In my comment on your “what can we do” podcast I was mentioning how Alex Jones might be more clever than given credit for as he at least tries to get concepts out there. And even if he’s an easy target to be made fun of, at least he allows people to “safely” bring up certain topics in conversation (“that wacko believes…”). I still am thinking about the idea of if a bunch of 9/11 truthers did something that would “stick out” to New Yorkers (e.g. marched every single day down a certain street chanting “9/11 was an inside job” – though probably something a lot better than that), whether the same effect could play out. In other words, would people in office buildings nearby talk about the “crazies” (again, allowing them to “safely” bring up the topic) and then maybe a water cooler conversation would be like “have you ever talked to any of them? They said ___ and I looked it up and it turned out to be true. I’m not saying I agree w/ them but it’s still interesting”.

    In short that would be the “breaking through the conditioning” that AJ talks about. And maybe I’m wrong in my thoughts here but I at least wanted to bring it up.

    2) I wonder if someone who would call me a conspiracy theorist made me the same bet. I’ve been predicting (and this is basically what I’ve learned from Peter Schiff/Ron Paul, etc) that gold and silver will go up (priced in USD) in the next 10 years. I think probably almost everything will go up in USD actually due to money printing. Obviously certain prices do go up over time (and admittedly Desrochers said that in certain decades Simon would’ve lost the bet and that price was an imperfect gauge to begin with).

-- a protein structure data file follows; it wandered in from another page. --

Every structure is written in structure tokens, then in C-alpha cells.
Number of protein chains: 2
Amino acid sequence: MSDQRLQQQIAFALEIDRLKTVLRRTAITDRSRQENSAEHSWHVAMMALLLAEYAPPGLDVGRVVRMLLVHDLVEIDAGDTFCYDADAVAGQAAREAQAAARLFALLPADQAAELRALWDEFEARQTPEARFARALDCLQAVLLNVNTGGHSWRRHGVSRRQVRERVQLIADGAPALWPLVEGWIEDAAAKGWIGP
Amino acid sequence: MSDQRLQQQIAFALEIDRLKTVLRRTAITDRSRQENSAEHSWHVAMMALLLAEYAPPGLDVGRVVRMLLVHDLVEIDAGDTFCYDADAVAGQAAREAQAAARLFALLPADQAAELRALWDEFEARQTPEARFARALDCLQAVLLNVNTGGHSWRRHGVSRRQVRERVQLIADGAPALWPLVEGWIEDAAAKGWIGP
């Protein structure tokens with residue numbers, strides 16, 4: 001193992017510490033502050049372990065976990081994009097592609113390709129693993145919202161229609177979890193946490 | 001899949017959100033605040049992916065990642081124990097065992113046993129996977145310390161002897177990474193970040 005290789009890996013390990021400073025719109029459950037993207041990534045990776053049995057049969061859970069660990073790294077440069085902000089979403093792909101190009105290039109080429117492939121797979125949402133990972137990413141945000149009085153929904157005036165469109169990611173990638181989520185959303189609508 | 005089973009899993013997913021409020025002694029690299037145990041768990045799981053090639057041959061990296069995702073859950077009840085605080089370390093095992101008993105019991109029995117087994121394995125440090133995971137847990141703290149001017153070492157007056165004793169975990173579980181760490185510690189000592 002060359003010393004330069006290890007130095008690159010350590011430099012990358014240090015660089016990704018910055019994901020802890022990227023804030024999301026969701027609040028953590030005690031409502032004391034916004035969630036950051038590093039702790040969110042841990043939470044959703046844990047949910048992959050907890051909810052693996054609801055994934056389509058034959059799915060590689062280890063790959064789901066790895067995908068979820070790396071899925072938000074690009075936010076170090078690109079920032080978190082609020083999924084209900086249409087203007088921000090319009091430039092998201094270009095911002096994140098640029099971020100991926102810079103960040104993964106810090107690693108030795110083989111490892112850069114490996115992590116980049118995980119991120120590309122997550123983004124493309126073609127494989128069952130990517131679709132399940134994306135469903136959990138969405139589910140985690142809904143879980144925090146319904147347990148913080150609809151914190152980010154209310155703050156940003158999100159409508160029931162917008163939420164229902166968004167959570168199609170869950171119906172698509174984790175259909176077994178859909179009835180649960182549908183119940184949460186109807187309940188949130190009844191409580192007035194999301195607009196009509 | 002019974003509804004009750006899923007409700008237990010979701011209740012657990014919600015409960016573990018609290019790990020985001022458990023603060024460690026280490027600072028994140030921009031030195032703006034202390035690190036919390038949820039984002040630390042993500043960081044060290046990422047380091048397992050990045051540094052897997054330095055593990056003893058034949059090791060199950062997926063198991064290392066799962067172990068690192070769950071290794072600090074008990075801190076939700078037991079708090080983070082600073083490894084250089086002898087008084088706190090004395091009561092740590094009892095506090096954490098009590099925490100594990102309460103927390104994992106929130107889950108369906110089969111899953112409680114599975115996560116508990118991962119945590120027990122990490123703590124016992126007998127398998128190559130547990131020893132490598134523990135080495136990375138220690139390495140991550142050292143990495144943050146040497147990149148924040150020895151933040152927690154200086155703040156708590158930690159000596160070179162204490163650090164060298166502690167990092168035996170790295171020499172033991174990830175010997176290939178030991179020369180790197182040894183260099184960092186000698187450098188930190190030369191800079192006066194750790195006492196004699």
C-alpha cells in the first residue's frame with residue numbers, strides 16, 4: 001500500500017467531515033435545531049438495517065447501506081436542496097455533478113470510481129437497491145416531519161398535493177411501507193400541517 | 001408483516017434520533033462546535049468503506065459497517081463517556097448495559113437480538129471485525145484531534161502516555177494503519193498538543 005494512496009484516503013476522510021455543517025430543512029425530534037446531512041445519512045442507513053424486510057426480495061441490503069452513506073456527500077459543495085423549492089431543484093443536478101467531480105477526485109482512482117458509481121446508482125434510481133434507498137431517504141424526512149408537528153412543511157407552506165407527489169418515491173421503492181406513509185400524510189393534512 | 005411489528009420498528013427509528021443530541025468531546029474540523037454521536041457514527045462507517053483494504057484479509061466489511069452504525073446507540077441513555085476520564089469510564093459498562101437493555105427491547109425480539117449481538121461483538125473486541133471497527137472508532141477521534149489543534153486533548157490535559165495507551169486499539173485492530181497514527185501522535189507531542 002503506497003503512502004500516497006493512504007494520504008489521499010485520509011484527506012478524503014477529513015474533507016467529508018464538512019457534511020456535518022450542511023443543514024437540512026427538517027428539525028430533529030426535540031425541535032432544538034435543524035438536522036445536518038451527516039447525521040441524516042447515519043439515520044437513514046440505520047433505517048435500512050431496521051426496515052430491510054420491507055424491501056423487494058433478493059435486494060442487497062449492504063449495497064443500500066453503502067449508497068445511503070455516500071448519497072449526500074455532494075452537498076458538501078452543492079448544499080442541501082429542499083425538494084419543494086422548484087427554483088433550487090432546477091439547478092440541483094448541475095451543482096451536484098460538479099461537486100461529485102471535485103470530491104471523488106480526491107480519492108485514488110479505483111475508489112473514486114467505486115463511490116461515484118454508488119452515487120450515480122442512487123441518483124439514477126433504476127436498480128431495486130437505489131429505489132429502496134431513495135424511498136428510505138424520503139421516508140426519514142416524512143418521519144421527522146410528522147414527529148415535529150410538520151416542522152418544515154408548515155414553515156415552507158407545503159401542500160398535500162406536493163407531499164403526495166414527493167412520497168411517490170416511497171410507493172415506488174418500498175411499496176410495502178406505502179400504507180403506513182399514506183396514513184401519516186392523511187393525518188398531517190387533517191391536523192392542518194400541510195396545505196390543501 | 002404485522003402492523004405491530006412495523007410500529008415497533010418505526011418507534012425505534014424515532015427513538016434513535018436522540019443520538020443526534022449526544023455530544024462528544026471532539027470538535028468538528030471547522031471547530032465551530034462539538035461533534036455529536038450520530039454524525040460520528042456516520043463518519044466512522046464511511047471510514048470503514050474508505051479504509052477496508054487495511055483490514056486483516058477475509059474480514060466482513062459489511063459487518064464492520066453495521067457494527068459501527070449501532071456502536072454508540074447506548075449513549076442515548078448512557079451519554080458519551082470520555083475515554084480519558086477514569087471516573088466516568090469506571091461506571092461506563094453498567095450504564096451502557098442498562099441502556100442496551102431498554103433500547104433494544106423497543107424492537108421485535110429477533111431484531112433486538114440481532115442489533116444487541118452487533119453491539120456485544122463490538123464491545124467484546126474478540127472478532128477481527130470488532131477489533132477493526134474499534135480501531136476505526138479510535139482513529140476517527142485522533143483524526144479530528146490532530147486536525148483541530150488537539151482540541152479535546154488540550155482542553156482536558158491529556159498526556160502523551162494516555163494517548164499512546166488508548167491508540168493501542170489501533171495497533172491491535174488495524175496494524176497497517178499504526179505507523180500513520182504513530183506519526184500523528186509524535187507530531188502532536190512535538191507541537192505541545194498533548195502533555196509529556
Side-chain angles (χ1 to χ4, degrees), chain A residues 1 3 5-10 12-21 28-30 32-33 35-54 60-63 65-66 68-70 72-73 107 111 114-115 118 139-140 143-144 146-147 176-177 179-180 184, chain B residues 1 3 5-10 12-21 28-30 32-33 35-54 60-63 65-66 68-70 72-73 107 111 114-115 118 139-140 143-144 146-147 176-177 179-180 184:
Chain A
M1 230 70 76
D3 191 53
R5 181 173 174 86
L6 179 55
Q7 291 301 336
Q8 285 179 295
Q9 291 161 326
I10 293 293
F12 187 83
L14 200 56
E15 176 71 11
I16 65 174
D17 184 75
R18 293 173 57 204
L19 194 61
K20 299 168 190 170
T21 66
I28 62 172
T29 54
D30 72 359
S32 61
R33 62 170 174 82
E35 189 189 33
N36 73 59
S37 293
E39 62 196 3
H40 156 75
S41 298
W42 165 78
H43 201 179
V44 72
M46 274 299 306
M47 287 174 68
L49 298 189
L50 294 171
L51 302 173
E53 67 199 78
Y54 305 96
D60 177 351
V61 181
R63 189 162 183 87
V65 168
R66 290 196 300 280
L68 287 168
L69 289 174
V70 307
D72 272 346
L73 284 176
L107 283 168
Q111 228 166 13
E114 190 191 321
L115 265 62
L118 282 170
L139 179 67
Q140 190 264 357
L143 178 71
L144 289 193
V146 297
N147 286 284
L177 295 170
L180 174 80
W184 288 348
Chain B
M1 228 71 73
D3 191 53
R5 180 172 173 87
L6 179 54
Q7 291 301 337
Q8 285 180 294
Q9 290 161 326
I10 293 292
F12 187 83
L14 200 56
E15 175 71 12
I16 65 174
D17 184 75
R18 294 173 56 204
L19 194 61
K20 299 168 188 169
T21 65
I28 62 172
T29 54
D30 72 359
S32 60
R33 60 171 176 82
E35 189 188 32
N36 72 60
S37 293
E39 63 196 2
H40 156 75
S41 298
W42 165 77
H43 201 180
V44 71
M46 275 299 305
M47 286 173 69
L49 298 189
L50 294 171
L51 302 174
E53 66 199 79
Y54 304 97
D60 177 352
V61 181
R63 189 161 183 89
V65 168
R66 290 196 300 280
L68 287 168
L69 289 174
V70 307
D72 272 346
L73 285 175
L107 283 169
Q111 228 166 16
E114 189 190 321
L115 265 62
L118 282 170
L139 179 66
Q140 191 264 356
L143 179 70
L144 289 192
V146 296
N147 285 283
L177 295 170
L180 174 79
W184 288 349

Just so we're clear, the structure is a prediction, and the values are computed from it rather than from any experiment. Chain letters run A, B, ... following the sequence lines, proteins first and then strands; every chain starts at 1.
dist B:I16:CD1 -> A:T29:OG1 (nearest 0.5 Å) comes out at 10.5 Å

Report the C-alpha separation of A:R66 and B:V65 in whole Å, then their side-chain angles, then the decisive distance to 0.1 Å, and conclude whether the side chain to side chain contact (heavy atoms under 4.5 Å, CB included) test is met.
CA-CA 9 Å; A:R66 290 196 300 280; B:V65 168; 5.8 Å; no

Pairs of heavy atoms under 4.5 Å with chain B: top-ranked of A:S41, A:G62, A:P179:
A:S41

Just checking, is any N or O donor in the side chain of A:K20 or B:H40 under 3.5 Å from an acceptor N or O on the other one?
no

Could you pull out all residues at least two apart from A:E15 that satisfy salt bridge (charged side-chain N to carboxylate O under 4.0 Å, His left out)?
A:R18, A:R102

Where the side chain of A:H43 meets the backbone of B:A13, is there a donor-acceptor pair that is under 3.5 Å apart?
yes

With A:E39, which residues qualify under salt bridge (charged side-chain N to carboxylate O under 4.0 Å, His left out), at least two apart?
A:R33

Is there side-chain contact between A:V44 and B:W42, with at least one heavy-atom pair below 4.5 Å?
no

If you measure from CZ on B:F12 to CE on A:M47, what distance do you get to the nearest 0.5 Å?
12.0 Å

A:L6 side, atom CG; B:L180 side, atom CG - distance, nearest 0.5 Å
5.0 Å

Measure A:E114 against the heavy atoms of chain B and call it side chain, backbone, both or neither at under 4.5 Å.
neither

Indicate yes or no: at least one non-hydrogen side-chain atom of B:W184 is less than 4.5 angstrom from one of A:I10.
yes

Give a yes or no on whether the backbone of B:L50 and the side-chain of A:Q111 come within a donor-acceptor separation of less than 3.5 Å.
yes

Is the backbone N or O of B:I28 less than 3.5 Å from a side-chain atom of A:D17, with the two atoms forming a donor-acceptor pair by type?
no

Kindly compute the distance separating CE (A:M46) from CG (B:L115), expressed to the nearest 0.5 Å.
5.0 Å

Let’s say I made that bet 4 years ago and I chose a 4 year time period (as Simon gave the option of “any time period longer than 1 year”). Obviously, gold and silver have dropped significantly in the past 4 years so I would lose the bet. I’m sure I’d counter-argue that the time period in question wasn’t long enough. But, hey, that’s exactly what Ehrlich is saying in his own defense.

    For the record I’m a believer in Simon being correct and Ehrlich being incorrect but I’m just saying that we have to apply the same line of reasoning we use against others against ourselves as well.

    3) I am a believer in not destroying the environment. Stuff like fracking genuinely concerns me (as I believe it pollutes our water, land and probably air). But fracking can certainly be pointed to as “the ingenuity of the human brain that helps make oil prices cheaper”.

    Another such example is GMOs. I think Desrocher talked about how we are able to produce more food nowadays (and I wonder how much of that is from GMOs).